Burden of Myself

Ran into Fr. Gary over at Holy Trinity Sunday… well, he almost chased me down when I walked past him. I thought he was busy, and didn’t want to disturb him. Guess I was wrong.

Reminded me of the prayer he laid on me last spring:

Relieve me of the bondage of self, that I may better do Thy will.

or maybe he says

Relieve me of the terrible burden of  myself, that I may better do Thy will.

Yup. Last year, it made a little bit of sense. This spring, it runs deep. I struggle with letting go of the bondage of protecting myself. I am more and more aware of the times I do so.  As I practice yoga, especially Yin, I find how difficult it is to let go physically. Move into a pose — a pose that requires you to relax and let go so that you can get a deep stretch. Sit with it. Do a self-check while you locate those muscles that are holding on tight to protect other things. Relax, let go and allow the earth beneath you to support you. Breathe. Oops! those same muscles start tensing up again. They don’t really accept that it will be ok to relax and be supported. The cycle repeats, each time with a bit more success.

How does that apply to the prayer? For me, it is the physical embodiment of my spiritual and soulful life. Can I find those things that hold me tight and protect me from God’s love and support? Can I then let go and rest in God’s love and presence? It’s not easy for me. I might let go a bit and rest, only to discover that I have picked up that baggage again, and am using it to insulate me from freedom. The physical practice has given me a way to work through these things, to experience the letting go and the picking up and letting go and picking up and letting go… I seek to move with this experience and apply it to my emotions and my prayer life.

Jesus came to earth and walked among us as one of us. That must mean that God experienced life in the physical body of Jesus. The physical body is animated by the spiritual and emotional self. I’m doubtful that they can be separated successfully. Incarnation, to me, means that God is indeed here, in muscle and bone as much as in spirit. The experience of one must integrate with the experience of the other.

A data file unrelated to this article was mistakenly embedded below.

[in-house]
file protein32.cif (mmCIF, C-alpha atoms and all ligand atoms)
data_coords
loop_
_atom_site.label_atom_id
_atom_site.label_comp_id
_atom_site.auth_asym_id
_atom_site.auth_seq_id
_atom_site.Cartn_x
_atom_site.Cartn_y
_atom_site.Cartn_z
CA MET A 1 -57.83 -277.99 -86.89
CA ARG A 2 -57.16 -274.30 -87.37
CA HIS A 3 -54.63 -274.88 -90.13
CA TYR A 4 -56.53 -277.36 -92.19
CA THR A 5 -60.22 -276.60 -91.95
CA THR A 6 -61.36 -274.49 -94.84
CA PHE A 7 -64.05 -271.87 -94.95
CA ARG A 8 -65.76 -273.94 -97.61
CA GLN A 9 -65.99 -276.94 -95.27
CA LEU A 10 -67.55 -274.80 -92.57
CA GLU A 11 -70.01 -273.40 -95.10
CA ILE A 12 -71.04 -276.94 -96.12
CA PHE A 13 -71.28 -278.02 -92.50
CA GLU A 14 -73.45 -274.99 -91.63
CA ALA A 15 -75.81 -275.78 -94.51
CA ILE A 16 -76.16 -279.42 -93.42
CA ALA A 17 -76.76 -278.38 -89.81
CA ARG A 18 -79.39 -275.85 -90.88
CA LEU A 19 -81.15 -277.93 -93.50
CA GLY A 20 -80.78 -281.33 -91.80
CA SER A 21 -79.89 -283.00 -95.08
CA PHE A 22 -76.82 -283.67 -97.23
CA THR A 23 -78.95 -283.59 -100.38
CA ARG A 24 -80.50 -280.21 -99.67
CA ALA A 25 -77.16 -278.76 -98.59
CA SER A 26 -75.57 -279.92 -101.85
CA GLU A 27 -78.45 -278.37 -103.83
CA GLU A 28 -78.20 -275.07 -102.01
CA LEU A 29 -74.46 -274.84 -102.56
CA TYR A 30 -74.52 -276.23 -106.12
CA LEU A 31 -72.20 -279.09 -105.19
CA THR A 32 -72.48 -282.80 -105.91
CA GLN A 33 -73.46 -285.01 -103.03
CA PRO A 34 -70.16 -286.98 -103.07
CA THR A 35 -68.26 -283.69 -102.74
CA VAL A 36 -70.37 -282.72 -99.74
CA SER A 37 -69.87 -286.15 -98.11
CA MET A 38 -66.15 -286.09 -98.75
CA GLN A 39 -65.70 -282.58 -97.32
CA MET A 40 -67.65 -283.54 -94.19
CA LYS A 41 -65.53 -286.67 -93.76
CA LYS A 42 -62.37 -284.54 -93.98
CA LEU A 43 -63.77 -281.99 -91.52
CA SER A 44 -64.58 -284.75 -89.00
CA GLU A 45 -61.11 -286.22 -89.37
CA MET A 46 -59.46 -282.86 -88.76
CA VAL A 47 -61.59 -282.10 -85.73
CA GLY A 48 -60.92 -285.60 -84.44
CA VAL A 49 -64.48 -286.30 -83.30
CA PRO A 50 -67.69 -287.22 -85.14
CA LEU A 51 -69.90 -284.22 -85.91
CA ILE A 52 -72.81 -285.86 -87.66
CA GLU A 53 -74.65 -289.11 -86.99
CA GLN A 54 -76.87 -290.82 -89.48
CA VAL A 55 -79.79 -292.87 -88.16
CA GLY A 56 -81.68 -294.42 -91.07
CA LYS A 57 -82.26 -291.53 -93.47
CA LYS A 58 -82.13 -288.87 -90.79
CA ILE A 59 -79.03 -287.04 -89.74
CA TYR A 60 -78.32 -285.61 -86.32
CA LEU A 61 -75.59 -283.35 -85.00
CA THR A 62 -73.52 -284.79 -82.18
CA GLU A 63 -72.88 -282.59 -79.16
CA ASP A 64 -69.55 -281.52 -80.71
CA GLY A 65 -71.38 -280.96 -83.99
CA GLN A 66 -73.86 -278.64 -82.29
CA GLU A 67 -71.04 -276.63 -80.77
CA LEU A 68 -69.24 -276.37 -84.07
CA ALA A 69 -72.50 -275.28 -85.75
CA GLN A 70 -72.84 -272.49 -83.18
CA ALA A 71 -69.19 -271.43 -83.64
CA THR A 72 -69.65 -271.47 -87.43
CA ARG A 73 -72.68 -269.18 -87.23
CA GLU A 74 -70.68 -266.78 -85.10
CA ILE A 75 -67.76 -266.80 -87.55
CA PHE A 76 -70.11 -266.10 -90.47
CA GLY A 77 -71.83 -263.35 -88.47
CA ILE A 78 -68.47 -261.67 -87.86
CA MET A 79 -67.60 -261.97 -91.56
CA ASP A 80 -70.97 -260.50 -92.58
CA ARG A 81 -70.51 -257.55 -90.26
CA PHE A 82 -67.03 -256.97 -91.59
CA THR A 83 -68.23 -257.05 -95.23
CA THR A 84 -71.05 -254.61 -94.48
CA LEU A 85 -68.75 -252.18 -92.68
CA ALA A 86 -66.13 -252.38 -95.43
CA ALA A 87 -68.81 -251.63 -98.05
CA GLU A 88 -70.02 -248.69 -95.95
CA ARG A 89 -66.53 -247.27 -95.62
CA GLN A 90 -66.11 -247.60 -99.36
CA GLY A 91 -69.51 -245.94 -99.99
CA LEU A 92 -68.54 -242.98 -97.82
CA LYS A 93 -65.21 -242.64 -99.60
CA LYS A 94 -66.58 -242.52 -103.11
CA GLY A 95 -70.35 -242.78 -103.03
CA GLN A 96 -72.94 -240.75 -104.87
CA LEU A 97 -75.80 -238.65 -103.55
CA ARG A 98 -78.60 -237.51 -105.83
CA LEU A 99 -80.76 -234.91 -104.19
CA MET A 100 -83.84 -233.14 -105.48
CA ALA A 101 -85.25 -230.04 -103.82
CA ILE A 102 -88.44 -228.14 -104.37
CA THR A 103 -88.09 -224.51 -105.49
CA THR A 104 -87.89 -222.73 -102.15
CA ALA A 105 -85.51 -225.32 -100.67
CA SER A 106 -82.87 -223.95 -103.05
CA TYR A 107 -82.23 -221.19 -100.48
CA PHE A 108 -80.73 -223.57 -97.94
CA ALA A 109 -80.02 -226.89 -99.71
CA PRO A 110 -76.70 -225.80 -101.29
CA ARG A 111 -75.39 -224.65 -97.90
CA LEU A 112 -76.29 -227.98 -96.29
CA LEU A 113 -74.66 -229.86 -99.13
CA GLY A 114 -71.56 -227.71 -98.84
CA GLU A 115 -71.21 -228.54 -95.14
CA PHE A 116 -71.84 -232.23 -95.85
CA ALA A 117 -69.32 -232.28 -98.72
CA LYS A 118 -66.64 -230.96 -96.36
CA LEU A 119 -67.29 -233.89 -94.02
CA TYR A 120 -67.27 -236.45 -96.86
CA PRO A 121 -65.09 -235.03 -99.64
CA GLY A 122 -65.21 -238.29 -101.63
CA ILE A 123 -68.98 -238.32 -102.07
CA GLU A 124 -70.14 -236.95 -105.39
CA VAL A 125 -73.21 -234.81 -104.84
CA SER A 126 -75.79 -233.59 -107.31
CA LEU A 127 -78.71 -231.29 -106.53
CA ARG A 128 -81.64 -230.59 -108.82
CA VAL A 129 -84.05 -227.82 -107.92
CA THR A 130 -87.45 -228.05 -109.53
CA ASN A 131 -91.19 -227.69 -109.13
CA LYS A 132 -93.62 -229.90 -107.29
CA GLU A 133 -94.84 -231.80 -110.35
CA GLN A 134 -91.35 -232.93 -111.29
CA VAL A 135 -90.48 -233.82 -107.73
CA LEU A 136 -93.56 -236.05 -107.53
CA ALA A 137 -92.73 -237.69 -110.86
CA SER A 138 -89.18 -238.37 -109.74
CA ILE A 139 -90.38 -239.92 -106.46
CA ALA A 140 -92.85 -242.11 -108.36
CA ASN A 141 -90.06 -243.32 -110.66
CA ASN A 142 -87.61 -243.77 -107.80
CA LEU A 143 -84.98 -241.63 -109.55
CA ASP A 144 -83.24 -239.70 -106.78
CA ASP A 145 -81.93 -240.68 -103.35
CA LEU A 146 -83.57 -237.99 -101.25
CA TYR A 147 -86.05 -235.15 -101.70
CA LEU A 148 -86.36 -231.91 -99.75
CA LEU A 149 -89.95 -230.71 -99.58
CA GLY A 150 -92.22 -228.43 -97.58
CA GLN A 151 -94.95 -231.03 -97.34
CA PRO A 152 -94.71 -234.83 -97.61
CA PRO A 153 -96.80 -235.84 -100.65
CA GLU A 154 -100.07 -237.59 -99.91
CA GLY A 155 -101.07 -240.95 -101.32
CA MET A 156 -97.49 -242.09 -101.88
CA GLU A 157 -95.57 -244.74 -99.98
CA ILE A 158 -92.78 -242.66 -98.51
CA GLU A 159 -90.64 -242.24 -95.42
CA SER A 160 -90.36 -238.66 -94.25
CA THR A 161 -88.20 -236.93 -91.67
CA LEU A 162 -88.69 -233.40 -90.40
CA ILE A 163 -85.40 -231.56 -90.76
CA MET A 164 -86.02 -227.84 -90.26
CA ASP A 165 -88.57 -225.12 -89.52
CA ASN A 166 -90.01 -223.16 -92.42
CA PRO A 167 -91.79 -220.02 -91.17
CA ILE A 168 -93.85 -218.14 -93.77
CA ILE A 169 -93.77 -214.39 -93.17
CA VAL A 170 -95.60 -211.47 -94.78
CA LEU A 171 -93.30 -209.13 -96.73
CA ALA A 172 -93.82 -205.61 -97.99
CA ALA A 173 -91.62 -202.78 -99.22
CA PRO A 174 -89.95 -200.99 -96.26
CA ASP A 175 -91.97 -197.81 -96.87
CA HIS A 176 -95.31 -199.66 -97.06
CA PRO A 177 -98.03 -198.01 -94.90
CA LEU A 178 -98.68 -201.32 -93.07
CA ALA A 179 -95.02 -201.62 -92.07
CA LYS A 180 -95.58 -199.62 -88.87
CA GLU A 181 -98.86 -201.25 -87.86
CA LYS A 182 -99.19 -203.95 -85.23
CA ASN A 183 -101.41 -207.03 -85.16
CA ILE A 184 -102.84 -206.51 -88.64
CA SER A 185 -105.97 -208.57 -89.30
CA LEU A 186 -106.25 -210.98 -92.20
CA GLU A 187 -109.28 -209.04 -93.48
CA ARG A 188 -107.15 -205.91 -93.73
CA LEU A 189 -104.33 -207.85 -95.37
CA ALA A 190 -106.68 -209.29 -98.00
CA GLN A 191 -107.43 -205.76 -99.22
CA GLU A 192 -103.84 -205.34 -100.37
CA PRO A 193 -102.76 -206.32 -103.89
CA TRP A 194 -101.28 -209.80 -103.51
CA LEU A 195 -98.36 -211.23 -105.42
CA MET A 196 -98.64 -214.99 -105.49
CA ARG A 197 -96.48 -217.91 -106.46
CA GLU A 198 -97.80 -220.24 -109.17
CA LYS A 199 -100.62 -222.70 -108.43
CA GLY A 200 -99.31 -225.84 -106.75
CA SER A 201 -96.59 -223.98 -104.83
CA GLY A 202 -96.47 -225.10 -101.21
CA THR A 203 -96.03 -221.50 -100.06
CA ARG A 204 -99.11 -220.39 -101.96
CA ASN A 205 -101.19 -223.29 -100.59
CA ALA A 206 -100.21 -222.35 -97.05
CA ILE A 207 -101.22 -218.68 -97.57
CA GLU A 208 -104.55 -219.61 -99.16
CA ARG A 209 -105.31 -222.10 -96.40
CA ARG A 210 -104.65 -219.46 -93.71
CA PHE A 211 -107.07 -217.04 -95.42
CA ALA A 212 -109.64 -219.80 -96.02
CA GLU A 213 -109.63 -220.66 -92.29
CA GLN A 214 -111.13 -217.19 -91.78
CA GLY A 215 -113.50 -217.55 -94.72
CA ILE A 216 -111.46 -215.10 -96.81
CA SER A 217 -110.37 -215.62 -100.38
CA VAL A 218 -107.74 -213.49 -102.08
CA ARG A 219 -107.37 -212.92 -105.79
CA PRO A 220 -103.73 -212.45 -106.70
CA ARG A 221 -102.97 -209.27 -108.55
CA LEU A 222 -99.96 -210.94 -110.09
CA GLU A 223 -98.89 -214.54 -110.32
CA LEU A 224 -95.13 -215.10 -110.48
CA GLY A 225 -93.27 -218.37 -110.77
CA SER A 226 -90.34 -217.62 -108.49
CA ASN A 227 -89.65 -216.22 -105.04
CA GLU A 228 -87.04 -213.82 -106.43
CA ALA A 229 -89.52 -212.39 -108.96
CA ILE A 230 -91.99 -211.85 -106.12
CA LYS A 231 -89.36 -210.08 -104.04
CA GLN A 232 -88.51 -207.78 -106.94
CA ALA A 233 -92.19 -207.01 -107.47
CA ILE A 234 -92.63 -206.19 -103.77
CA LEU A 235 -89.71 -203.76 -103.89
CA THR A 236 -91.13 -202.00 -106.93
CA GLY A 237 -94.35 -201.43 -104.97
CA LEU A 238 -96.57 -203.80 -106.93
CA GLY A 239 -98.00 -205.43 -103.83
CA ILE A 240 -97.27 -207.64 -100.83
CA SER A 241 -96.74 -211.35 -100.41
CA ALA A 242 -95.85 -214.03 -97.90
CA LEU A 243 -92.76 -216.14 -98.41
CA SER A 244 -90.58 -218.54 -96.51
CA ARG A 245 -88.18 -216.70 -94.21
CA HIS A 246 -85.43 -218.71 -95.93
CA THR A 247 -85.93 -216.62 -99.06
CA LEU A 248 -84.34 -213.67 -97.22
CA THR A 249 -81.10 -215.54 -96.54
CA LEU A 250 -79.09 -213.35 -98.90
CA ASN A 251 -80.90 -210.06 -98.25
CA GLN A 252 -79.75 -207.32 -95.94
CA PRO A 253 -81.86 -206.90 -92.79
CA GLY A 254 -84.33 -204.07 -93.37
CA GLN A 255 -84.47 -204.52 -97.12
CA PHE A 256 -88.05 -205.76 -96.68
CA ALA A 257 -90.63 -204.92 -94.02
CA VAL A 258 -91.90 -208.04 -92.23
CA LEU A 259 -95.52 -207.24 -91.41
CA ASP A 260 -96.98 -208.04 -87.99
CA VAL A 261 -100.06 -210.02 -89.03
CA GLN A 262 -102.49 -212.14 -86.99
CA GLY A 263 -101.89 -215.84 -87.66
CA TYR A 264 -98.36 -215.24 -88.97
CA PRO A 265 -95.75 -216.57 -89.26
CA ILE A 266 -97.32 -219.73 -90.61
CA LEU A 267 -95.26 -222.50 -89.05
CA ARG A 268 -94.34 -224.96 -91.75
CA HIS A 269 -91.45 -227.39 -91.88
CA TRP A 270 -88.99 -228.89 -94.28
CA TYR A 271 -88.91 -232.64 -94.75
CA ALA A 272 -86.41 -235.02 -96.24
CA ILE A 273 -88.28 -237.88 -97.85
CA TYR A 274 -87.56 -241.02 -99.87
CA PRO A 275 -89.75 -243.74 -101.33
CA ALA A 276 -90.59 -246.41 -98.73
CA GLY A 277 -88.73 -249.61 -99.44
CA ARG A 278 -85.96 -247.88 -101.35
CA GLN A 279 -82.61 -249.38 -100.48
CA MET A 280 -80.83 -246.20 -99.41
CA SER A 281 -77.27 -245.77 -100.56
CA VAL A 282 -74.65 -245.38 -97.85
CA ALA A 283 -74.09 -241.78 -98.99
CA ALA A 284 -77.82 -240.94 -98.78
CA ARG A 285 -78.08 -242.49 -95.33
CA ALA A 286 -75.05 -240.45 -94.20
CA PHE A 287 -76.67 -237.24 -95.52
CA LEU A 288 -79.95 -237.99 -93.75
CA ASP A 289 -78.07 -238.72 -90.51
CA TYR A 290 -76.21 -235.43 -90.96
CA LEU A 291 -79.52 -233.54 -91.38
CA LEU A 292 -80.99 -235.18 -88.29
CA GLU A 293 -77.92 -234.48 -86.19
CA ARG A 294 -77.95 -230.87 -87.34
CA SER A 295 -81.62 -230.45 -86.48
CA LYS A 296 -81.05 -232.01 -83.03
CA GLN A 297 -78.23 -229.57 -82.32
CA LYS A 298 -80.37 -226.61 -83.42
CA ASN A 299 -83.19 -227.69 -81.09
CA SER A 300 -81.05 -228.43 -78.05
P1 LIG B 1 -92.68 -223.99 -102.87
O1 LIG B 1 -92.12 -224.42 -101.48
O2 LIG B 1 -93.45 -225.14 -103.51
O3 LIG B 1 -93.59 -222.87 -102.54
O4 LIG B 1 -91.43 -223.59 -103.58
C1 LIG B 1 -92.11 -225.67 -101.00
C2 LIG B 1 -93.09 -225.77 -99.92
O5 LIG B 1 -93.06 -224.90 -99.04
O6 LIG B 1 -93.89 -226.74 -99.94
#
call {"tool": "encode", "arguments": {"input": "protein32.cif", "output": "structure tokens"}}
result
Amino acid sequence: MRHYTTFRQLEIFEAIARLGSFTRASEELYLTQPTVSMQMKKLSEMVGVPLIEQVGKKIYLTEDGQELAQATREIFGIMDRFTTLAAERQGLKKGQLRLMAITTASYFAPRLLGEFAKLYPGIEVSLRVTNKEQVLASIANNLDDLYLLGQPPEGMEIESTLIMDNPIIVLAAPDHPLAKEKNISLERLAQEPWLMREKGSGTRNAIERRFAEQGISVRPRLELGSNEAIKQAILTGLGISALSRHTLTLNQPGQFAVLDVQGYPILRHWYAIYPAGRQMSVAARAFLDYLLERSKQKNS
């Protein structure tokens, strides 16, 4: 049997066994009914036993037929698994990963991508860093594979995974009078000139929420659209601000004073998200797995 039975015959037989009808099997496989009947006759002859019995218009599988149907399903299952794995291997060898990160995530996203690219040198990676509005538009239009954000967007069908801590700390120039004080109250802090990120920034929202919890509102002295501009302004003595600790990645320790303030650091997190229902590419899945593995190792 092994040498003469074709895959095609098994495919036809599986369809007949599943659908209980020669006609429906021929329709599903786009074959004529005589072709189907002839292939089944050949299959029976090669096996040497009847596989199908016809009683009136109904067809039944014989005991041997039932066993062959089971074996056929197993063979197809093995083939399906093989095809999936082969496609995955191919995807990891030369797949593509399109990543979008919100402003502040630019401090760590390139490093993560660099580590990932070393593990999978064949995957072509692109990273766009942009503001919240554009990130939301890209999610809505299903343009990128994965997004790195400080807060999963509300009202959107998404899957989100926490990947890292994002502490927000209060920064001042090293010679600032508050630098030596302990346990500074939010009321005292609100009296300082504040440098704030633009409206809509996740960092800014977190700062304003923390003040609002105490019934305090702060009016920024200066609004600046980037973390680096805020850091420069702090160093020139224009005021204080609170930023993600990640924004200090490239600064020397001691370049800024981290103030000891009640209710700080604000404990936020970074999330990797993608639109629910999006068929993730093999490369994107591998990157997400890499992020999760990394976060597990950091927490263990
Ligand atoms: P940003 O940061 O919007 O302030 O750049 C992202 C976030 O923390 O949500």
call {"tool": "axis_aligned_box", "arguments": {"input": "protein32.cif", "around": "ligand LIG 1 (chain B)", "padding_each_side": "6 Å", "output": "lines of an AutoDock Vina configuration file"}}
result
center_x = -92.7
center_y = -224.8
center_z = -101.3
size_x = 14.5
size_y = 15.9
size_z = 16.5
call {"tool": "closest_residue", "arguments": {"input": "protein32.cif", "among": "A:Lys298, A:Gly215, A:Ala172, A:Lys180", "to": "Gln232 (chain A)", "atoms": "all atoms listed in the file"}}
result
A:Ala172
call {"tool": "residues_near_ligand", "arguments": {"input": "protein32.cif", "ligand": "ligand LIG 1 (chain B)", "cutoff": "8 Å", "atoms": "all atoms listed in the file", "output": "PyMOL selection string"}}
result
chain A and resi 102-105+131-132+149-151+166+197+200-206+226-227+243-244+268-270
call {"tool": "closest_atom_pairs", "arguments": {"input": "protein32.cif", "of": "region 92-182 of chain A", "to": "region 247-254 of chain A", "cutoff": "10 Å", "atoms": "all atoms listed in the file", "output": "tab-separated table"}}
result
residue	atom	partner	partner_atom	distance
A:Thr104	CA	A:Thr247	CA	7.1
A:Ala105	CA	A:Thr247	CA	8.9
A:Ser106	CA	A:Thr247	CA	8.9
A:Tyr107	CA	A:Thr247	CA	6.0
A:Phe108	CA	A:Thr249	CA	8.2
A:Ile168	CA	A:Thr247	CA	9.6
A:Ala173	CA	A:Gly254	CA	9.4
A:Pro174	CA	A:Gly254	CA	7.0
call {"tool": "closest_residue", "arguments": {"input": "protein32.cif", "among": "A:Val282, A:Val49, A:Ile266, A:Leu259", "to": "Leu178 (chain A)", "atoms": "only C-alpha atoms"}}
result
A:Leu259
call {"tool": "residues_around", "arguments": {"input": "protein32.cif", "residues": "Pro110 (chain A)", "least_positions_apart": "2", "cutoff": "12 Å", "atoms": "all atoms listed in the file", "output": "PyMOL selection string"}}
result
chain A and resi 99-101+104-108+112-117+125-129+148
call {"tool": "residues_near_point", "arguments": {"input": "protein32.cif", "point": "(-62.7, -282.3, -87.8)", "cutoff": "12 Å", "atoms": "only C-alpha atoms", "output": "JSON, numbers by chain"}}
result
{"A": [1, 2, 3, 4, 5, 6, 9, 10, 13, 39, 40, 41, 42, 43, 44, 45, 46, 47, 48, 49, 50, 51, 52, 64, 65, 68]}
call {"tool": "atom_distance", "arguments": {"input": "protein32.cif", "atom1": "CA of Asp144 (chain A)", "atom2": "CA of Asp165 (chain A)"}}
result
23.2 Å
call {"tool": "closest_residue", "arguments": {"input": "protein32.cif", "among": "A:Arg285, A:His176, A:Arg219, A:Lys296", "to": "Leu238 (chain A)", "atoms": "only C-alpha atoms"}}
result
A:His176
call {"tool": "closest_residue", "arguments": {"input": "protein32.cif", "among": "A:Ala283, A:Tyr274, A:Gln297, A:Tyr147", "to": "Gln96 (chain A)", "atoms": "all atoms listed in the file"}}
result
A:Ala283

Relieve me of the bondage of self, that I may better do Thy will. 

And help me to live fully and freely. Amen.

A Taste of Gratitude in Holy Week

Over the past 15-18 months, I have struggled in with my feelings and relationship with another person. He is far away now, but in a place where I will surely encounter him again in the next few weeks. He is someone that I care for, care about and really like. If you asked him about that in the past year or so, he would probably inform you in no uncertain terms that I bore false witness against him and that I was the cause of much unwanted change in his life. I’m pretty sure he has himself convinced that I was out to get him, and successful at doing so. I’ve lived with and walked through the anger he left behind and as we enter Holy Week, I can say “Thank you.”

I’ve been through my own defensiveness, my own battle where I have wanted to scream [at him] — “Look, Jerk, I wasn’t trying to hurt you, but I saw someone who needed some help.” or “I’m really angry that you think I was out to hurt you.” I’ve gritted my teeth, and hurt, as I became an invisible person in his presence. I’ve sat with the anger when I heard from others that he had told them that I was the reason he was moved away. I have taken comfort in another friend suggesting that I pray the Psalms, because they contain all of the emotions I have passed through.

Sunday, I listened to the Passion as recorded in Luke’s Gospel. It sank in that through the troubles of the past year I have also looked at myself. I have opened a small opening to let the Light of God’s love shine in and illuminate my actions, my thoughts, my feelings. I have asked forgiveness for the contempt I have felt. I have attempted to step outside the situation and see the whole thing. I have examined my motivations for what I actually did do and tried to be honest about the parts that were on the track of being loving and caring as well as the parts that were driven by hurt and anger. I have come to appreciate at a deeper level that “Doing the right thing isn’t always the easiest thing” (Thanks to my favorite TV Shrink, Dr. Danny of “Necessary Roughness”). I have finally accepted that sometimes you must say what you believe, even though it will likely put you into very uncomfortable places. I am at peace with knowing that I wasn’t perfect, but I did try to do what I thought the Spirit was calling me to do.

In so many ways, this whole mess has helped me to accept that I am loved: even when I push back at God’s love and try to distance myself simply because God can see me so clearly — which can be very uncomfortable.

And so, I say “Thank you” to my friend (and I truly still consider him a friend, no matter what he thinks) for helping me to grow closer to God. I pray that he too will find it in his heart to let the walls come down and let go of his own hurt and anger — because that makes this life so much more joyful to live.